We cannot hope for sustainable development without peace, stability, human rights and effective governance, based on the rule of law. Yet, our world is increasingly divided. Some regions enjoy peace, security and prosperity, while others fall into seemingly endless cycles of conflict and violence. This is not inevitable and must be addressed (UNDP, 2019).
While homicide and trafficking cases have seen significant progress over the past decade, there are still thousands of people at greater risk of intentional murder within Latin America, Sub-Saharan Africa and around Asia. Children’s rights violations through aggression and sexual violence continue to plague many countries around the world, especially as under-reporting and lack of data aggravate the problem.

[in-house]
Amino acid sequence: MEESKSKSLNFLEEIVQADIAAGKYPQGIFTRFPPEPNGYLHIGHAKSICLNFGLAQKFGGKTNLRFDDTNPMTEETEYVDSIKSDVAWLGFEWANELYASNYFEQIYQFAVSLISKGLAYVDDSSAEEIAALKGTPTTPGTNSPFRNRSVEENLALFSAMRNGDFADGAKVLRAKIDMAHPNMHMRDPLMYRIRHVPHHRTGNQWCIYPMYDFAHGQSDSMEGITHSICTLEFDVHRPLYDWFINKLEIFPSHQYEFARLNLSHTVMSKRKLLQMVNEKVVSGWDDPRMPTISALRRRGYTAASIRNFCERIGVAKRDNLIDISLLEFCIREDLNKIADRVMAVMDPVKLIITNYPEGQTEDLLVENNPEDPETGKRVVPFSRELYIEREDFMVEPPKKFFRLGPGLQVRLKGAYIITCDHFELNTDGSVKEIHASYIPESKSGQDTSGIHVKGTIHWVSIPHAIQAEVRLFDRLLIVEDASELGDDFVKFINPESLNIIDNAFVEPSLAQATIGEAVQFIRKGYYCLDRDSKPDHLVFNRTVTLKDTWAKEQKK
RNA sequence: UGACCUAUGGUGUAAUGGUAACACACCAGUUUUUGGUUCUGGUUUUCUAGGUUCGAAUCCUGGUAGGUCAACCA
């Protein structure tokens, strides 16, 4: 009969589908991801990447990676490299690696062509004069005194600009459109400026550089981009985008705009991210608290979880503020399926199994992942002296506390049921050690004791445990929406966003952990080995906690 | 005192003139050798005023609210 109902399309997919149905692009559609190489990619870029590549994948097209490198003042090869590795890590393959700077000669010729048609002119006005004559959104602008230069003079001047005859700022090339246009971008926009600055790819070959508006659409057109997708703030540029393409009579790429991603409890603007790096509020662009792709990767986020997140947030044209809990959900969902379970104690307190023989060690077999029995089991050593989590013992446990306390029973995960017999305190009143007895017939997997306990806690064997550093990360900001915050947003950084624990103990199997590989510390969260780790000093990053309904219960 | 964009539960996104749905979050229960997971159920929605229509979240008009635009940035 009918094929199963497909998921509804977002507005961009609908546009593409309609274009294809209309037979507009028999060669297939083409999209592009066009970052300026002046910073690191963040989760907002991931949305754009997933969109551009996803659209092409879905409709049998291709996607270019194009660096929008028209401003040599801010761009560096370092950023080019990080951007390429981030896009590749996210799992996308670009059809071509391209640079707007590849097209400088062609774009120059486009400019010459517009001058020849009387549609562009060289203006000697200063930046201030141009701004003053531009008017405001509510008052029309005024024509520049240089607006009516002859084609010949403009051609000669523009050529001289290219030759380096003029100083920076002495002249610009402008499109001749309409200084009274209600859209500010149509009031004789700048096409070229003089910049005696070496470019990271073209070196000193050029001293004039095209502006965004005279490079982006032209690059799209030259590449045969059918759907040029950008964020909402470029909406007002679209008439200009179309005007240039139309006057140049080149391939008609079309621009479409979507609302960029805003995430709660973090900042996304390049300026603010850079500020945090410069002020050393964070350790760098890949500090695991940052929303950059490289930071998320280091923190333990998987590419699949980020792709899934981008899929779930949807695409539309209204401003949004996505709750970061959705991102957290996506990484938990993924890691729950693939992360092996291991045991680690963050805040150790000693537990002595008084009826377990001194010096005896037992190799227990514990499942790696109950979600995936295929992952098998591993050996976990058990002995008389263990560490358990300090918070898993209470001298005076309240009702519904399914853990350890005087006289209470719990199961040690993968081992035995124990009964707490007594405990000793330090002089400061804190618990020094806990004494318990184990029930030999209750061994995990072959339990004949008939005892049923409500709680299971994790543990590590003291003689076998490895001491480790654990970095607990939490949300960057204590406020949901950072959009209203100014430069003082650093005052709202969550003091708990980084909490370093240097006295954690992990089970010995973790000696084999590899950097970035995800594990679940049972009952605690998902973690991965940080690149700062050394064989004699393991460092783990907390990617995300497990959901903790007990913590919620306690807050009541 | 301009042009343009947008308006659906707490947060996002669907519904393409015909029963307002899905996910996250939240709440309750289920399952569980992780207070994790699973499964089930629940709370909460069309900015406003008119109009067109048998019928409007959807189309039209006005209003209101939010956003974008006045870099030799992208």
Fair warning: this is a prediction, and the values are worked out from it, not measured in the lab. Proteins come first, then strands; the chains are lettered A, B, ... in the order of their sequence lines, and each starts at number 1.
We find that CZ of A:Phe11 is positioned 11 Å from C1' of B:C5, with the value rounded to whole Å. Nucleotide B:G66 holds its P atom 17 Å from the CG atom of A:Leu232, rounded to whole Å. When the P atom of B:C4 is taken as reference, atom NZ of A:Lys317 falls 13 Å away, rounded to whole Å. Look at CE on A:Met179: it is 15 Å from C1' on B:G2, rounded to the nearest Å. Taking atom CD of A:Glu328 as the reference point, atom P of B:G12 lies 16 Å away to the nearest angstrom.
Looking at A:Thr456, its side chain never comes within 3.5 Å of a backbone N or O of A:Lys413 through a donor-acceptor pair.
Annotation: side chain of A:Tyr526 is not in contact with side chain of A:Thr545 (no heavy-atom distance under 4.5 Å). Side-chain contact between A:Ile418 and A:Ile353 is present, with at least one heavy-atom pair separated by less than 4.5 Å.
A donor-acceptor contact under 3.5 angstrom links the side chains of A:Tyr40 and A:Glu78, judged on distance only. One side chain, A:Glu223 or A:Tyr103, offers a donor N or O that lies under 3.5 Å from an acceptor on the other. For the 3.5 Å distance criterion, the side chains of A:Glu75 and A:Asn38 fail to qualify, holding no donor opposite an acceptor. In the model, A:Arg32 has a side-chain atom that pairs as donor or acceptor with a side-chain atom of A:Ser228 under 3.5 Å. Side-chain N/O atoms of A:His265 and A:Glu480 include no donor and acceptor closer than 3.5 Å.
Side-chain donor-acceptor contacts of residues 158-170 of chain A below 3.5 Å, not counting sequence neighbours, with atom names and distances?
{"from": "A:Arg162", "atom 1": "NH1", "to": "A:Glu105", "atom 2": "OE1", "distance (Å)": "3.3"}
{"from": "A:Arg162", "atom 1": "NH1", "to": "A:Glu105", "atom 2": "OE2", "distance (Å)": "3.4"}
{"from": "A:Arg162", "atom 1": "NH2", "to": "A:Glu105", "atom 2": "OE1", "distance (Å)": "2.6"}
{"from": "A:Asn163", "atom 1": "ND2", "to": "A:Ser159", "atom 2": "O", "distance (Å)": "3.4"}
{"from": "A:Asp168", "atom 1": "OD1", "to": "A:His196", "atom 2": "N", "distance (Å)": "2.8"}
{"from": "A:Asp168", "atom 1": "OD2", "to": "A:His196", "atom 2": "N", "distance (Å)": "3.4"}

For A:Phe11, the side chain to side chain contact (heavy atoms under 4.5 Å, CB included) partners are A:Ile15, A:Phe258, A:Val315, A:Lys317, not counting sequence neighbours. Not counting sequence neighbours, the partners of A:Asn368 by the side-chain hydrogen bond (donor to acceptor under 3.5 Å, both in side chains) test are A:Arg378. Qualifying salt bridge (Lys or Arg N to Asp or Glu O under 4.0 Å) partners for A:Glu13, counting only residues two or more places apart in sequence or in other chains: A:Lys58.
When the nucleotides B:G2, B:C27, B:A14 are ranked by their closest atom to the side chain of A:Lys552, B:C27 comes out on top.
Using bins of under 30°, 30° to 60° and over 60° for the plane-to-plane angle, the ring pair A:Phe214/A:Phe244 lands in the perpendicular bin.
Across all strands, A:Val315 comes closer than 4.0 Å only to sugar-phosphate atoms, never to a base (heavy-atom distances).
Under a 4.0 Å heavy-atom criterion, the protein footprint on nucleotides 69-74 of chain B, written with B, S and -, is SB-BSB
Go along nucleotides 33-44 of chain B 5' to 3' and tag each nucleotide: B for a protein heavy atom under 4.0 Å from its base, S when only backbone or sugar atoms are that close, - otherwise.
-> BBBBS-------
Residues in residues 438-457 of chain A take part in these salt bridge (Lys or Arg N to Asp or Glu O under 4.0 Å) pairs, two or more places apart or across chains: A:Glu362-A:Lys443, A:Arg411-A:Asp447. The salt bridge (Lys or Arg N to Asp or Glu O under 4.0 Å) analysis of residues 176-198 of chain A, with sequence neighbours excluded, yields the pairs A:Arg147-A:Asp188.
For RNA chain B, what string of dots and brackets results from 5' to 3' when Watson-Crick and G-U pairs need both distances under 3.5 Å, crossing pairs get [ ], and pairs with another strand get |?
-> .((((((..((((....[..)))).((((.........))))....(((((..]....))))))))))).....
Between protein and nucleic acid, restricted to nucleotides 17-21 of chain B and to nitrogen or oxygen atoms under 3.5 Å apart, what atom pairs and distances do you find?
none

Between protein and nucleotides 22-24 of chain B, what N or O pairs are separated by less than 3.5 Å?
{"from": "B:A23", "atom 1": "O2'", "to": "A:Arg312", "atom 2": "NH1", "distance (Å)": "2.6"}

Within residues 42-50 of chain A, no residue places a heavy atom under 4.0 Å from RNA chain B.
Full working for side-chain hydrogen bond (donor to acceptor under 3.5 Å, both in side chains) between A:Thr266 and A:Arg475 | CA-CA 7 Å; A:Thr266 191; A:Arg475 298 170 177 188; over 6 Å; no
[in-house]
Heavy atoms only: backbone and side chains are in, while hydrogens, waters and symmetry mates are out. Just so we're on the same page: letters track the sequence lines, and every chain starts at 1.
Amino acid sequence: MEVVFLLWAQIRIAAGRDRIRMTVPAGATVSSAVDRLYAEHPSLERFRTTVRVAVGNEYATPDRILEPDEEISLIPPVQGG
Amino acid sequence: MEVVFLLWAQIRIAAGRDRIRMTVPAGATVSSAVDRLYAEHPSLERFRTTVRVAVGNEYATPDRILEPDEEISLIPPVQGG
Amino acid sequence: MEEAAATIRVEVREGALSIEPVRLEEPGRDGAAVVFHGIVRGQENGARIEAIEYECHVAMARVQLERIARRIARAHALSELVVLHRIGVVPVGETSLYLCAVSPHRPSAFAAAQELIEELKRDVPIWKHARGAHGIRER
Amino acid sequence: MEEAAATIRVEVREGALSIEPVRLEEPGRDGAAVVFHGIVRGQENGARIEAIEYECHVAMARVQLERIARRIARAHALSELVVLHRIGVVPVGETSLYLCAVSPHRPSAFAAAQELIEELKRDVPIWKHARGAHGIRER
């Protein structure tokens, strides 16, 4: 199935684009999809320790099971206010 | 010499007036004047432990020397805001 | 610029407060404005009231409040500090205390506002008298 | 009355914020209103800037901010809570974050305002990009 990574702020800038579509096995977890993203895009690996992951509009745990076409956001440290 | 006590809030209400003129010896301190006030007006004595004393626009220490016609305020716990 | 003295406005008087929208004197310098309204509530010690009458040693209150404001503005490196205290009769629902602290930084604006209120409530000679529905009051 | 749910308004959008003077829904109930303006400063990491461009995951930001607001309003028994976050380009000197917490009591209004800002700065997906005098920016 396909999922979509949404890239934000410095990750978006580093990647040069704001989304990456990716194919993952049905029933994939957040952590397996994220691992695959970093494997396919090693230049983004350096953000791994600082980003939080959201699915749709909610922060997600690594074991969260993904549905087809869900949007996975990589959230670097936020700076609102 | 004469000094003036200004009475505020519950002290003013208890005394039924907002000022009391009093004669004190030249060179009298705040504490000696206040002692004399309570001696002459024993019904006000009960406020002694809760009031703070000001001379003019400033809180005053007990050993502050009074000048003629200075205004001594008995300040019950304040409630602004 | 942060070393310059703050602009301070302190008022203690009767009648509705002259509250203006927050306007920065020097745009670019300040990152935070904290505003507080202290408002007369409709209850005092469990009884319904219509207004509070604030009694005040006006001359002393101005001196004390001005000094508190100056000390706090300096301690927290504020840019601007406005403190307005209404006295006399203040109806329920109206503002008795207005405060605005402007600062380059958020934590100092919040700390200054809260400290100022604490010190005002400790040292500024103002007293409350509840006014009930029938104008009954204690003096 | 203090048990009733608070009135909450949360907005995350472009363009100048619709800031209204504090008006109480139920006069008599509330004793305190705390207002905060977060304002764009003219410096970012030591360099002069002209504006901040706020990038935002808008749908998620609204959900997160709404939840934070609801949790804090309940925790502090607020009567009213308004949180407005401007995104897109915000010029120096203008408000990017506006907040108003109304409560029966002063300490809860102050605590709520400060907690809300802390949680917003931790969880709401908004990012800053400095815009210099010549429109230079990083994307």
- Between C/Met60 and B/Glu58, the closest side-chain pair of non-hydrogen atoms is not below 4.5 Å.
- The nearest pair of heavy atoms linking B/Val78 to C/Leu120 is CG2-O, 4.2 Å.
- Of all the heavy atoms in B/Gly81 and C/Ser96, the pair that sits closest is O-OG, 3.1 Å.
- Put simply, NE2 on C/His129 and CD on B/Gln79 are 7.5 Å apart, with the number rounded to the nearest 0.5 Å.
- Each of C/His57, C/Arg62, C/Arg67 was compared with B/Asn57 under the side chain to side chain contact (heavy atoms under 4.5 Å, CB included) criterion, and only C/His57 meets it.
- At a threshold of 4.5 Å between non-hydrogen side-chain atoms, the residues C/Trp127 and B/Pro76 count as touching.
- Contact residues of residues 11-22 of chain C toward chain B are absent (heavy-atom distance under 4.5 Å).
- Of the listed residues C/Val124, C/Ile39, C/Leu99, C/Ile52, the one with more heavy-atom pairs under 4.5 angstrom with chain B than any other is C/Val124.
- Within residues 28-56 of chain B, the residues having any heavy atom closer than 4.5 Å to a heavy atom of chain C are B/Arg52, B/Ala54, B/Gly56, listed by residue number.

Some more facts by the United Nations Development Programme regarding SDG 16 (UNDP, 2019):
- By the end of 2017, 68.5 million people had been forcibly displaced as a result of persecution, conflict, violence or human rights violations.
- There are at least 10 million stateless people who have been denied nationality and its related rights.
- Corruption, bribery, theft and tax evasion cost developing countries US$1.26 trillion per year.
- 49 countries lack laws protecting women from domestic violence.
- In 46 countries, women now hold more than 30 percent of seats in at least one chamber of national parliament.
- 1 billion people are legally ‘invisible’ because they cannot prove who they are. This includes an estimated 625 million children under 14 whose births were never registered.
The focus of SDG 16